Lindores

This interesting surname is a slightly Anglicized (Middle English) form of the Scando-German pre 10th Century "Linde", a topographical name for one who lived by a conspicuous lime tree or thicket, or who came from one of the several places so named, especially in Northern Germany. In the very early days, "Linde" was also a personal name meaning "shield" or "spear", both being manufactured from the lime wood, and this will also be the derivative of some of the nameholders. There are several forms, including Linden, Lindl, Lindholm and Lindro(os), the latter being the origination of the modern spelling. The name in England may be of Flemish weaver origin, or associated with civil engineering, or the jewellery trade, all three providing immigrants in the 17th Century. The examples of the name recordings from London include: Eleanor Lindors, who married Alexander Aitken at St. Martin in the Fields, Westminster, on December 1st 1762, and Alexander Lindores, a christening witness at St. Mary-Le-Bone, on January 14th 1787, in the reign of George 111 (1760 - 1820). The first recorded spelling of the family name is shown to be that of Hannah Lindos, which was dated October 27th 1689, marriage to Henry Pichett, at St. James' Churck, Duke's Place, London, during the reign of King William 111 of Orange and England, 1689 - 1702. Surnames became necessary when governments introduced personal taxation. In England this was known as Poll Tax. Throughout the centuries, surnames in every country have continued to "develop" often leading to astonishing variants of the original spelling.

Surnames reference. 2013.

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  • Lindores — is a small village in Fife, Scotland, about 2 miles south east of Newburgh. It is situated on the north east shore of Lindores Loch, a 44 ha freshwater loch. A possible derivation of the name Lindores is church by the water . The ruins of Abdie… …   Wikipedia

  • Lindores —    LINDORES, a village, in the parish of Abdie, district of Cupar, county of Fife, 2½ miles (E. S. E.) from Newburgh; containing 95 inhabitants. This place, which is of great antiquity, most probably arose under the protection of the Macduffs,… …   A Topographical dictionary of Scotland

  • Lindores Abbey — was a Tironensian abbey on the outskirts of Newburgh in Fife, Scotland. Now a much reduced and overgrown ruin, it lies on the southern banks of the River Tay, about convert|1|mi|km|sing=on north of the village of Lindores. The abbey was founded… …   Wikipedia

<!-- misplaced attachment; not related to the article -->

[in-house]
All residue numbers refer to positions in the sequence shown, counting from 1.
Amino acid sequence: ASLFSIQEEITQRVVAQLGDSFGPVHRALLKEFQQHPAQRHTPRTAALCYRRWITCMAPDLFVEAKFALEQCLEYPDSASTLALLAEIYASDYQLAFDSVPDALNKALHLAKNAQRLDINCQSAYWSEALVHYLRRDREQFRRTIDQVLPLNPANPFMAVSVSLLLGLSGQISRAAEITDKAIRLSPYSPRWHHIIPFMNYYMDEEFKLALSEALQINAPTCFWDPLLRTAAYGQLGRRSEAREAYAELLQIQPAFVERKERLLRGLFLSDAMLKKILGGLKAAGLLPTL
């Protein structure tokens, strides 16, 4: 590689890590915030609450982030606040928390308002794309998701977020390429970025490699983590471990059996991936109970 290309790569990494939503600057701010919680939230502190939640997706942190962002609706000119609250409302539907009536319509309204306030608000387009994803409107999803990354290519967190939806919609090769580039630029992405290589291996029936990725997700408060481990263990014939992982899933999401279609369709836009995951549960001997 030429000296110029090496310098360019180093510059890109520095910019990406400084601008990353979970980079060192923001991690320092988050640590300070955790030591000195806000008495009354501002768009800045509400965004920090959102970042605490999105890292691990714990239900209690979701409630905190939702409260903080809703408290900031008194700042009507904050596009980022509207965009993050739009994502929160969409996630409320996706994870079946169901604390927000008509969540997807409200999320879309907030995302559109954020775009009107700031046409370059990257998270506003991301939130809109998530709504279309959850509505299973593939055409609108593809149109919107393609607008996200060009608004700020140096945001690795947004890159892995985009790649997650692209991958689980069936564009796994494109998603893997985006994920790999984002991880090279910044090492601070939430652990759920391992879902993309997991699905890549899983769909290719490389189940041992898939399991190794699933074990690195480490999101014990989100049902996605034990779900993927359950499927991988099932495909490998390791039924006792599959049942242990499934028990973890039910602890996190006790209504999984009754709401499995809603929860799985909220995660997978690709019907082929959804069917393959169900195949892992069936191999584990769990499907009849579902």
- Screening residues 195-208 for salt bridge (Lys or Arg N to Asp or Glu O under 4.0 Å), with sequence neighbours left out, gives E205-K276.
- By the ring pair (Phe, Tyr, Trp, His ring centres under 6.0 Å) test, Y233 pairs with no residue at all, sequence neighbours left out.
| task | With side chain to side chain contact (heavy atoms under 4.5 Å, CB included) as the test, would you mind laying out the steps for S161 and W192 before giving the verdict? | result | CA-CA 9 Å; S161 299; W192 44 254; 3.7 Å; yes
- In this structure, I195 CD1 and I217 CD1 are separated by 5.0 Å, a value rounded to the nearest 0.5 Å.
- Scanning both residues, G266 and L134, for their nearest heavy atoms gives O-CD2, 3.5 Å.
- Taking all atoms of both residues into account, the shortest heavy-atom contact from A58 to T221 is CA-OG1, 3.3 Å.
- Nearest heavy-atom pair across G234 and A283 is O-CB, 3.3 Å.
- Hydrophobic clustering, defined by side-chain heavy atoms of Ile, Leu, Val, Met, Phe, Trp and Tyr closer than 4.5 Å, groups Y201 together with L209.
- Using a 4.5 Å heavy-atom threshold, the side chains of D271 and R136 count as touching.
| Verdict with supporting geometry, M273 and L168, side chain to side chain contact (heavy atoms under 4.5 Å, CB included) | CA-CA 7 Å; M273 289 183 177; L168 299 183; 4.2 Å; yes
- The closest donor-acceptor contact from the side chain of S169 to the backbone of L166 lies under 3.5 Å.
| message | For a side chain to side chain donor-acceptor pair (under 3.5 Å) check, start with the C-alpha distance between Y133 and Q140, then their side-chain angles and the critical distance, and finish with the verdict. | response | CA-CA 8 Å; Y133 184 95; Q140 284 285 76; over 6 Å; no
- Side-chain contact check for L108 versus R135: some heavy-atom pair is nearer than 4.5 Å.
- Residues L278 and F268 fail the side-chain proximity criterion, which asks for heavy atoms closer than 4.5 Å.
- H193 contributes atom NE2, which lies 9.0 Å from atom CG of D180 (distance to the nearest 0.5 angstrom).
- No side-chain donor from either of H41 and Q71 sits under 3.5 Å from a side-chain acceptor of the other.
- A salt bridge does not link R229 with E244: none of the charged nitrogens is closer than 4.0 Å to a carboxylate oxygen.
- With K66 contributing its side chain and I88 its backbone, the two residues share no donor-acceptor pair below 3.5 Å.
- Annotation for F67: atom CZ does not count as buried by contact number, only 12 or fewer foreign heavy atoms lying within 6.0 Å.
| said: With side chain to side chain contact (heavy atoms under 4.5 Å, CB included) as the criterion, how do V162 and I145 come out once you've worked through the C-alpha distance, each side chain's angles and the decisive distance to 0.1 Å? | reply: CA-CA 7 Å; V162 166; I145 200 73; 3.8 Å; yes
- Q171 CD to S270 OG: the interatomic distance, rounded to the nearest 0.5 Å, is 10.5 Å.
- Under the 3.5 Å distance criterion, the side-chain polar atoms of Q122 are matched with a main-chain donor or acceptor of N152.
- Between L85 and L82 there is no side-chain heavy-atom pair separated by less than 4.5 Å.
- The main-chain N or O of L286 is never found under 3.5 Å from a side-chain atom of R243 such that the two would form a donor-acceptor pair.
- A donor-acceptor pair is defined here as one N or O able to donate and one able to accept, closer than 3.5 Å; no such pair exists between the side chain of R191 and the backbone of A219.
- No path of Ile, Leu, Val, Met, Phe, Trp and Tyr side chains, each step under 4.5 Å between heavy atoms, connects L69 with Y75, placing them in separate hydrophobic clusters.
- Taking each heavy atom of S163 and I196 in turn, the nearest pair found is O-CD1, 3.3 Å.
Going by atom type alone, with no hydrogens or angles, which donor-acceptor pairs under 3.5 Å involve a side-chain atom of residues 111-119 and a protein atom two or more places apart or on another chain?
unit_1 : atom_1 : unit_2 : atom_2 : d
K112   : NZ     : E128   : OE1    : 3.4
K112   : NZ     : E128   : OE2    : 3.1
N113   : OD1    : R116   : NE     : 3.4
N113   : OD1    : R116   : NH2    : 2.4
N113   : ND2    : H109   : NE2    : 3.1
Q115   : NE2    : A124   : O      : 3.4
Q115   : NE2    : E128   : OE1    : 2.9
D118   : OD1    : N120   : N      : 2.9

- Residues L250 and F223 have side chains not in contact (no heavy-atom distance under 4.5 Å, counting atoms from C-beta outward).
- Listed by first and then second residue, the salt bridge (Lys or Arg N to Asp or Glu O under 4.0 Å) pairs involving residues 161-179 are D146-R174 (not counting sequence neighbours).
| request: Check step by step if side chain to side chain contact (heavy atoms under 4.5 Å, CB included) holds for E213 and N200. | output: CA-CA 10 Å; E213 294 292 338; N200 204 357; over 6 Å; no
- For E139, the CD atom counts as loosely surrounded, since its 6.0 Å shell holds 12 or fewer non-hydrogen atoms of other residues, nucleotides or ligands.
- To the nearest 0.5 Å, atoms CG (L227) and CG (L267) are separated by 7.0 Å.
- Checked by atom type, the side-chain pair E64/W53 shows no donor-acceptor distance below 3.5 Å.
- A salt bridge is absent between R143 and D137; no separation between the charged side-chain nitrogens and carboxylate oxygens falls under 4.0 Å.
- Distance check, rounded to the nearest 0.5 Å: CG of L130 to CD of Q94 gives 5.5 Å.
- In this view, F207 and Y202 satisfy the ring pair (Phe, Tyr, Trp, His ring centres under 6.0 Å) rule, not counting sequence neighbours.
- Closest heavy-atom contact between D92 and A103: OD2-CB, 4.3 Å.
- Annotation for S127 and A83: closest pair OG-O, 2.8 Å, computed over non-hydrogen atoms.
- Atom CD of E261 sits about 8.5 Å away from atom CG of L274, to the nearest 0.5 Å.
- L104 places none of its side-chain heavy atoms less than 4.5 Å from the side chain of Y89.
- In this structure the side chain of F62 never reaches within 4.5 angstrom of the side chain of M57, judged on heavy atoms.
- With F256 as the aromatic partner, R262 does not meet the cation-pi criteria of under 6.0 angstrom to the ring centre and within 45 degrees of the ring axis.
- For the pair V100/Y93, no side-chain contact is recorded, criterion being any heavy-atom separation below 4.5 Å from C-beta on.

• Lindores, Benedictine Abbey of — • On the River Tay, near Newburgh, Fifeshire, Scotland, founded by David, Earl of Huntingdon, younger brother of King William the Lion, about 1191 Catholic Encyclopedia. Kevin Knight. 2006 …   Catholic encyclopedia

  • Benedictine Abbey of Lindores —     Benedictine Abbey of Lindores     † Catholic Encyclopedia ► Benedictine Abbey of Lindores     On the River Tay, near Newburgh, Fifeshire, Scotland, founded by David, Earl of Huntingdon, younger brother of King William the Lion, about 1191.… …   Catholic encyclopedia

  • Lord Lindores — The title of Lord Lindores was a Lordship of Parliament in the Peerage of Scotland. It was created on 31 March 1600 for Patrick Leslie. Since the death of the eighth lord in 1813, the lordship has remained unclaimed, i.e. it has been dormant… …   Wikipedia

  • Abbot of Lindores — The Abbot of Lindores (later Commendator of Lindores) was the head of the Tironensian monastic community and lands of Lindores Abbey, Fife (the nearby town of Newburgh was created by and belonged to the abbey). The position was created when the… …   Wikipedia

  • lindore — {{hw}}{{lindore}}{{/hw}}s. m. Caratteristica di ciò che è lindo | Pulizia …   Enciclopedia di italiano

  • Abdie —    ABDIE, a parish, in the district of Cupar, county of Fife, 2¼ miles (S. S. E.) from Newburgh; including the villages of Lindores and Grange of Lindores, and the suburb of Mount Pleasant; and containing 1508 inhabitants. This place formed part… …   A Topographical dictionary of Scotland

  • Newburgh —    1) NEWBURGH, a village and sea port, in the parish of Foveran, district of Ellon, county of Aberdeen, 5 miles (S. E. by S.) from Ellon; containing 393 inhabitants. This is a small but flourishing place, situated on the bank of the river Ythan …   A Topographical dictionary of Scotland

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